In yet another unsurprising case of Big Pharma trying to control the fate of millions of Americans’ health, Insys Therapeutics has donated $500,000 to an anti-legalization of marijuana campaign in Arizona known as Proposition 205. Pro-legalization advocates view the half million dollar donation as a further attempt to line the pockets of powerful drug corporations with profits by making it near-impossible for marijuana manufacturers to compete. Insys Therapeutics is a pharmaceutical company responsible for the production of a controversial oral fentanyl spray marketed as Subsys. Fentanyl is a highly addictive, extraordinarily powerful opiate typically used to sedate patients who are undergoing major surgery. The drug is 50 times more potent than morphine. It’s also the same drug responsible for the deaths of Michael Jackson and more recently, Prince. With the ever-growing opioid epidemic in the country, I ask: What could possibly justify a prescription oral spray of such an incredibly risky drug for the treatment of pain when marijuana can effectively (and safely) do the same for far less money?
Insys Therapeutics claims their donation was made out of concern over the safety of marijuana, stating their primary goal is to protect society’s overall health and well-being. That’s pretty interesting considering the company itself is currently under state and federal investigation in relation to its marketing tactics. Six states have already investigated the company’s sales practices, with the state of Illinois having sued Insys in August of 2016 for allegedly promoting the drug to doctors for uses other than those approved by the Food and Drug Administration (FDA). It’s also interesting to note the company is developing its own form of synthetic cannabis; one they say will improve upon a similar drug they used to manufacture which has since been discontinued. It seems quite obvious the company is not too concerned over the safety of cannabis itself but rather, anyone else making a profit from it but them. Their donation is one of the largest ever made to an anti-legalization campaign.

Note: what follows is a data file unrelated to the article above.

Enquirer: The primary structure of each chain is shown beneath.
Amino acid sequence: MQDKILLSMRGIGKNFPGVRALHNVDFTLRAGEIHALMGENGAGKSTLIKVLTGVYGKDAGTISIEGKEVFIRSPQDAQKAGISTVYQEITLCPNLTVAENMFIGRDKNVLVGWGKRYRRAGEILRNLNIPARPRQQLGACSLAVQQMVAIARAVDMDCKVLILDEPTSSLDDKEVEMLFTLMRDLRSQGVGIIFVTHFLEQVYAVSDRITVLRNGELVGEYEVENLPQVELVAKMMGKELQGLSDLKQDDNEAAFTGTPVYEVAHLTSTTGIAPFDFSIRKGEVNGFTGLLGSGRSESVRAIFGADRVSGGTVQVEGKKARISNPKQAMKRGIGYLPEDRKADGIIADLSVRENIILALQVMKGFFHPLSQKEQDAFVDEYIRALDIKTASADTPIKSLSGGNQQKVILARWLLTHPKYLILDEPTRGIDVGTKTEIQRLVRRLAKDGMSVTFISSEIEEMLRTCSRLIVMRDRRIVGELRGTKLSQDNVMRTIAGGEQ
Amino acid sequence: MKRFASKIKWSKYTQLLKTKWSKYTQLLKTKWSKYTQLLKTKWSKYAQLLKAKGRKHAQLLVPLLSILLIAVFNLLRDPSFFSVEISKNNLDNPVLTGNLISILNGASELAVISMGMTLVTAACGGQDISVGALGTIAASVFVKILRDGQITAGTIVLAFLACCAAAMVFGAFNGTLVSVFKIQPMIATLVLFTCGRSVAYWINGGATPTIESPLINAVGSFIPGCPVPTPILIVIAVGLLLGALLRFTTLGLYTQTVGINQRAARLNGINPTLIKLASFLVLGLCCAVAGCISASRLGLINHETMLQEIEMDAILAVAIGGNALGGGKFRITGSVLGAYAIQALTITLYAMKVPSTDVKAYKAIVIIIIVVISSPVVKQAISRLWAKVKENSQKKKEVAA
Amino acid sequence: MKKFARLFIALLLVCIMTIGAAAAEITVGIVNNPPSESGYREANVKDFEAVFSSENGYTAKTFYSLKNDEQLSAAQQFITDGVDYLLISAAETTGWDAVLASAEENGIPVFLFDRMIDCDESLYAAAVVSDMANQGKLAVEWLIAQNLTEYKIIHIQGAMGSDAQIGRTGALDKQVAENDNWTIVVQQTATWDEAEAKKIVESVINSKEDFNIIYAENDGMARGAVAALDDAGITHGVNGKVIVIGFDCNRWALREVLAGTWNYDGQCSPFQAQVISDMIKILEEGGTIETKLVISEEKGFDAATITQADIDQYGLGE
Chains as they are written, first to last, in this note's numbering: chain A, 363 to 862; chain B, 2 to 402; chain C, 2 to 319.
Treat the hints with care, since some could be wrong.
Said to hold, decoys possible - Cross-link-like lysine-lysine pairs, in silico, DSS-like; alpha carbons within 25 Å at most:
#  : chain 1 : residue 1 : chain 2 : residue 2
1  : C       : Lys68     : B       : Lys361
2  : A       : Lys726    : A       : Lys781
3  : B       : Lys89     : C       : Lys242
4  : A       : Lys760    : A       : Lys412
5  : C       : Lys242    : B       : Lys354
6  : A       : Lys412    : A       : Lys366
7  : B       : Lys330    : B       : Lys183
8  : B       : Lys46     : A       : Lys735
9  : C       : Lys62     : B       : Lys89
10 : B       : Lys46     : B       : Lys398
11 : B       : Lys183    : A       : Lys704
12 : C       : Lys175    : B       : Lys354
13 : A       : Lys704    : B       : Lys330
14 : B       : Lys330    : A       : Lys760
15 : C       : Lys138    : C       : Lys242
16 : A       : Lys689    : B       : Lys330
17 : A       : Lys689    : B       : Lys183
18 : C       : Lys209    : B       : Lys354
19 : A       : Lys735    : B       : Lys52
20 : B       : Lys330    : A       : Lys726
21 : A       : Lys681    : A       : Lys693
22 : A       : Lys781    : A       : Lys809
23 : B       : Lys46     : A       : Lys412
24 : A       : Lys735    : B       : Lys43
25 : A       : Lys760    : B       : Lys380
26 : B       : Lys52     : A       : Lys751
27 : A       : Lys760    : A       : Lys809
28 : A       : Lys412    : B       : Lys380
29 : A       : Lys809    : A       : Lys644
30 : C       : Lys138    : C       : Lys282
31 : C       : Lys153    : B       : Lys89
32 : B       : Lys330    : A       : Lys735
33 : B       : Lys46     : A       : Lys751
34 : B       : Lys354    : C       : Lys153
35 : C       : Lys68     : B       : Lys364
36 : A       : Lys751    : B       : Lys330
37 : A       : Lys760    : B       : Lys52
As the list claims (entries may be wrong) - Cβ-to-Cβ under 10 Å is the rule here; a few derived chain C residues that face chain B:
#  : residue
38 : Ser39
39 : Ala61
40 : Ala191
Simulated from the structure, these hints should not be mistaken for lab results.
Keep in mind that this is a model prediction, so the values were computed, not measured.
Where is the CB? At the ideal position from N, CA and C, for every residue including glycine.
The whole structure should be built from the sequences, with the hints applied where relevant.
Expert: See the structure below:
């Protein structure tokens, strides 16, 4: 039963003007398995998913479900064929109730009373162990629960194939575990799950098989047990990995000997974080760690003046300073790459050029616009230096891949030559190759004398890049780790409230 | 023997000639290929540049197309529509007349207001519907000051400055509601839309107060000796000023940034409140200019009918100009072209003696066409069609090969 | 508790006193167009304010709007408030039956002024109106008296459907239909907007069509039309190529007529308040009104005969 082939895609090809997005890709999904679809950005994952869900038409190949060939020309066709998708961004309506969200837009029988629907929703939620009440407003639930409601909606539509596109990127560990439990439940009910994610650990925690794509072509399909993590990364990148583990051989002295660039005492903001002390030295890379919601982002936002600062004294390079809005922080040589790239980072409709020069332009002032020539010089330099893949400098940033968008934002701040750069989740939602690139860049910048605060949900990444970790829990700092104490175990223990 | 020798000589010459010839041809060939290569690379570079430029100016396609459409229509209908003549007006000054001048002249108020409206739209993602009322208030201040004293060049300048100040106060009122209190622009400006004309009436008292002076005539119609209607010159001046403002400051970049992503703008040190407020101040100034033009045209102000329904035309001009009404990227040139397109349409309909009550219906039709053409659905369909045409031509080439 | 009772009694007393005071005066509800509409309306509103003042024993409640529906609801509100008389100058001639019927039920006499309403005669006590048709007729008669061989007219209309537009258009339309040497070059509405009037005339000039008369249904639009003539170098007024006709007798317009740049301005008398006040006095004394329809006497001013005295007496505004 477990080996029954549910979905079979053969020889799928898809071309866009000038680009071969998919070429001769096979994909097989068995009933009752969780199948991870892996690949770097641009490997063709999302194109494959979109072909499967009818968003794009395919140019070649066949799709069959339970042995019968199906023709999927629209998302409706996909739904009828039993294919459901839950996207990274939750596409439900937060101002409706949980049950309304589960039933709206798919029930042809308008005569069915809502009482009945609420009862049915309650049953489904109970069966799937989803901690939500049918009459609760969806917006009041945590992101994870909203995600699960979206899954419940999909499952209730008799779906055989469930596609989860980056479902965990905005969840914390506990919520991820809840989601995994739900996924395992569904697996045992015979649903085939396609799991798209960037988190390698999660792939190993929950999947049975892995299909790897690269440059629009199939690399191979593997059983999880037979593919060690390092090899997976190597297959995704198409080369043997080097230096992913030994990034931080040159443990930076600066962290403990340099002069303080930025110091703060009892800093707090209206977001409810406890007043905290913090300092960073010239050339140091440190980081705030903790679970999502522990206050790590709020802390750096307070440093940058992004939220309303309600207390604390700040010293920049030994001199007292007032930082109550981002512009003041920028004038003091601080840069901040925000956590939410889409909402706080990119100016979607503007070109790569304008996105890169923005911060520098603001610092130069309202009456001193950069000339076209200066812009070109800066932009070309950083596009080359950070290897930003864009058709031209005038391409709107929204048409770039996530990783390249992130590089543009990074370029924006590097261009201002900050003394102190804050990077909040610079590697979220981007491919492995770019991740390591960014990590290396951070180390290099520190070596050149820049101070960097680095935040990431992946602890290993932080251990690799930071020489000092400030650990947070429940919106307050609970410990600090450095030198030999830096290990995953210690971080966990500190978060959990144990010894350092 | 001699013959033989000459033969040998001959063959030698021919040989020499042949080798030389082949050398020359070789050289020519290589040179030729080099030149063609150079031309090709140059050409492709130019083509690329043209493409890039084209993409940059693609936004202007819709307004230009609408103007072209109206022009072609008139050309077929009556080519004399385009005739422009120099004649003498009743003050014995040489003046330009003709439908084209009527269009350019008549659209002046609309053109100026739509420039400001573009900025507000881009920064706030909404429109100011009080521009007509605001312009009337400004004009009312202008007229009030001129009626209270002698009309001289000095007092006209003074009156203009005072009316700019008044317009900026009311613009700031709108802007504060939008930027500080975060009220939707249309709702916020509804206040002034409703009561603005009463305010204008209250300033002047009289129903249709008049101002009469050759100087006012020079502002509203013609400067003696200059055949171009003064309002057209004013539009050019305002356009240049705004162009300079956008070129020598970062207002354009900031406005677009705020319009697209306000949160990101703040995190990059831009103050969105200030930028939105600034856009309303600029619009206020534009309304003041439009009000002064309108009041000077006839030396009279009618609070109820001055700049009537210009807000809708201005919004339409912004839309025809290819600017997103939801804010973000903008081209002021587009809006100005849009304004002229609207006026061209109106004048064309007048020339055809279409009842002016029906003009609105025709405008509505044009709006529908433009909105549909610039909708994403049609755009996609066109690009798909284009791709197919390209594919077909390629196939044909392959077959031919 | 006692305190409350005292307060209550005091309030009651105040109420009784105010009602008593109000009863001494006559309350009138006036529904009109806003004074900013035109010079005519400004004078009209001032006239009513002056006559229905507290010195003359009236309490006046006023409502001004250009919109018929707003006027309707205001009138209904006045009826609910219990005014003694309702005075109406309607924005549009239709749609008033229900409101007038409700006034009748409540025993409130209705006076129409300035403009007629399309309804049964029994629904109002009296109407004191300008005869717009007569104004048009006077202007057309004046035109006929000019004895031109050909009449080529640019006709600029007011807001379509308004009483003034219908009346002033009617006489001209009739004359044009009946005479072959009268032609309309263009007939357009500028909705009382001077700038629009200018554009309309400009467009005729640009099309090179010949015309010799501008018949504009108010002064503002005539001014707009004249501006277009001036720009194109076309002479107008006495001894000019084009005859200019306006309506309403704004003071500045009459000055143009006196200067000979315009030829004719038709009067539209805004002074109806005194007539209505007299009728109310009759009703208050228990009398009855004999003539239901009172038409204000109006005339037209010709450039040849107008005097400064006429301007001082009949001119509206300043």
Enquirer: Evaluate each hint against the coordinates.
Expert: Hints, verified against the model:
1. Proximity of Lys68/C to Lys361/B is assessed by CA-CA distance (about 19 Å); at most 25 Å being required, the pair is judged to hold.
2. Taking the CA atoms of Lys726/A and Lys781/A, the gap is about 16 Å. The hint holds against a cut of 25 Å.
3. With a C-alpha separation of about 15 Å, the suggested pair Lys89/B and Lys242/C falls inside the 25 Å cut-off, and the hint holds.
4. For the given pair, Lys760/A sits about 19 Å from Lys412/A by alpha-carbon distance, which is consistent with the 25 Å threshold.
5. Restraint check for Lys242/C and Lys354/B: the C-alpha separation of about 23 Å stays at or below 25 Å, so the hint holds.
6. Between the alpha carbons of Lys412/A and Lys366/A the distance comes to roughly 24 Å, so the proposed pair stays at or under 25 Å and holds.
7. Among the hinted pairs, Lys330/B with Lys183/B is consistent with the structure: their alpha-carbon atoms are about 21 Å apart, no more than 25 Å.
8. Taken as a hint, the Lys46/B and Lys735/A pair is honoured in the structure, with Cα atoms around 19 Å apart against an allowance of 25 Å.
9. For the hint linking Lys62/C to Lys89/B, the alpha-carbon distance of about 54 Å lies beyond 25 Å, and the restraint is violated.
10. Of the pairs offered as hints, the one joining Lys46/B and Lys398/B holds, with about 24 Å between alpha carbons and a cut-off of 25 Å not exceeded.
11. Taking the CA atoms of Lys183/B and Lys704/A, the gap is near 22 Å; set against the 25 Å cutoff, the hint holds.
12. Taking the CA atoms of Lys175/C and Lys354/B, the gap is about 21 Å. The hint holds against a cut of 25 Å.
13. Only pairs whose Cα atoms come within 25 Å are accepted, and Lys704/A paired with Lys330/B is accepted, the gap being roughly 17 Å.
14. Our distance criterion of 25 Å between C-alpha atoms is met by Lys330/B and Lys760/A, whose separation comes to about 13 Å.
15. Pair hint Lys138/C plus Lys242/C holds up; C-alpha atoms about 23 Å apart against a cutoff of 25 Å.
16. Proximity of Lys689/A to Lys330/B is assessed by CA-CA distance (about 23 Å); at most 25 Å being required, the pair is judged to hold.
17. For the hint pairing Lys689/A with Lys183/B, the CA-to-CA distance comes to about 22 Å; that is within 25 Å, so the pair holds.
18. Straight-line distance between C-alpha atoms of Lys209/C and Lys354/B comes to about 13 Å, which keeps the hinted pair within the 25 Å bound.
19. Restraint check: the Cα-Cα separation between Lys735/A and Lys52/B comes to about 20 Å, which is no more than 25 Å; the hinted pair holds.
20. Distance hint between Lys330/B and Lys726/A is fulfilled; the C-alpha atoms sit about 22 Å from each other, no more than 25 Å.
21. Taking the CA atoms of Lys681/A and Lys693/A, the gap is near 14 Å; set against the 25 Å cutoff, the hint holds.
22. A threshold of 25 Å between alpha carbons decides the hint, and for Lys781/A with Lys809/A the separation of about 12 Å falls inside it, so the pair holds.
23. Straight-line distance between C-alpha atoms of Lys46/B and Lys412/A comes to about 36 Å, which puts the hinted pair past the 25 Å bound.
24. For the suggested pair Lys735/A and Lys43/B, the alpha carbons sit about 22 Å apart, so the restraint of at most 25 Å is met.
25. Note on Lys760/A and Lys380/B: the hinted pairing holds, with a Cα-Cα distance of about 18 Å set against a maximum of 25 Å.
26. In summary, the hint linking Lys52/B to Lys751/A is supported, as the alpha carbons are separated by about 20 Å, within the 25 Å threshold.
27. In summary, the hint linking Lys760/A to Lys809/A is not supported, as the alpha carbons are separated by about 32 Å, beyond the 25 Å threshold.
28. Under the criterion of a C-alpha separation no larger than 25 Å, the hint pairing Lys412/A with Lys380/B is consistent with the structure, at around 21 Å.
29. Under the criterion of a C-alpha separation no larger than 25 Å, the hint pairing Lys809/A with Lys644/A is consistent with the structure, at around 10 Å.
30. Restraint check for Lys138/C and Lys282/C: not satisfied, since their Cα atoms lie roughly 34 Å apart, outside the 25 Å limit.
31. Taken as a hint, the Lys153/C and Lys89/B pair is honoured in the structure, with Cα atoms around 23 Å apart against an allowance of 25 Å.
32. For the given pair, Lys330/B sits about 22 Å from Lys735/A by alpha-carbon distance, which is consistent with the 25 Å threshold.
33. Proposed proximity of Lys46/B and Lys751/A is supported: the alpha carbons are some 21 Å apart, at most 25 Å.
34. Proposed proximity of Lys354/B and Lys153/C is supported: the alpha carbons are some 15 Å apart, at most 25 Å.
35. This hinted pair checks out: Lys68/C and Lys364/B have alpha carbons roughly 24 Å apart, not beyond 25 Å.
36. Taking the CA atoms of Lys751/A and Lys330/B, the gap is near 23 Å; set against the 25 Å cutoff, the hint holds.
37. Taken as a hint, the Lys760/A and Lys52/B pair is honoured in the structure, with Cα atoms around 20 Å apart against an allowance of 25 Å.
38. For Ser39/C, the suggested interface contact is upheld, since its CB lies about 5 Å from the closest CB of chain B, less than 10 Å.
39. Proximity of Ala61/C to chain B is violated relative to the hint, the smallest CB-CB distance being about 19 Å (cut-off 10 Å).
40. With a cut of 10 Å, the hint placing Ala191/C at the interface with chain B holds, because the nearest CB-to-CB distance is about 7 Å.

It’s no secret marijuana is much cheaper (and much safer) than pharmaceutical drugs; cannabis is a natural plant whose use has been shown to: significantly reduce discomfort in people who suffer from chronic pain conditions; help cancer patients undergoing chemotherapy by easing nausea and vomiting and increasing appetite; reduce the frequency of (and even stop) seizures in epileptic patients; reduce anxiety and panic; and restore healthy sleeping patterns for those who experience insomnia, just to name a few. Since the year 2000, opioid related deaths have increased by 200% in the United States. In 2014, there were over 28,000 opioid overdose deaths, which is the most on record to date. There have been no reported deaths due to marijuana overdose. Ever. So what’s really going on here?
The chair of the Campaign to Regulate Marijuana Like Alcohol J.P. Holyoak released a statement in response to this latest move by Insys that read, “We are truly shocked by our opponents’ decision to keep a donation from what appears to be one of the more unscrupulous members of Big Pharma. You have a company using profits from the sale of what has been called ‘the most potent and dangerous opioid on the market’ to prevent adults from using a far less harmful substance.”
Though medical marijuana has been legal in the state of Arizona since 2010, recreational use still carries heavy consequences. Why? Are we really willing to put pot smokers behind bars while the real criminals roam free, collecting billions along their journey toward world domination? Seriously, I’d rather have a run-in with a stoner than a pharmaceutical drug pusher any day. What’s the worst they’re going to do? Ask if you want to go in on a pizza together?
Wake up, America. And it (literally) wouldn’t kill you to go ahead and “bake” while you’re at it.
Fentanyl Maker Donates Big to Campaign Opposing Pot Legalization
Maker Of Dangerous Opioid Is Spending Big To Stop Legal Pot In Arizona
Fentanyl-Maker Donates to Anti-Marijuana Legalization Campaign
Increases in Drug and Opioid Overdose Deaths – United States, 2000 – 2014
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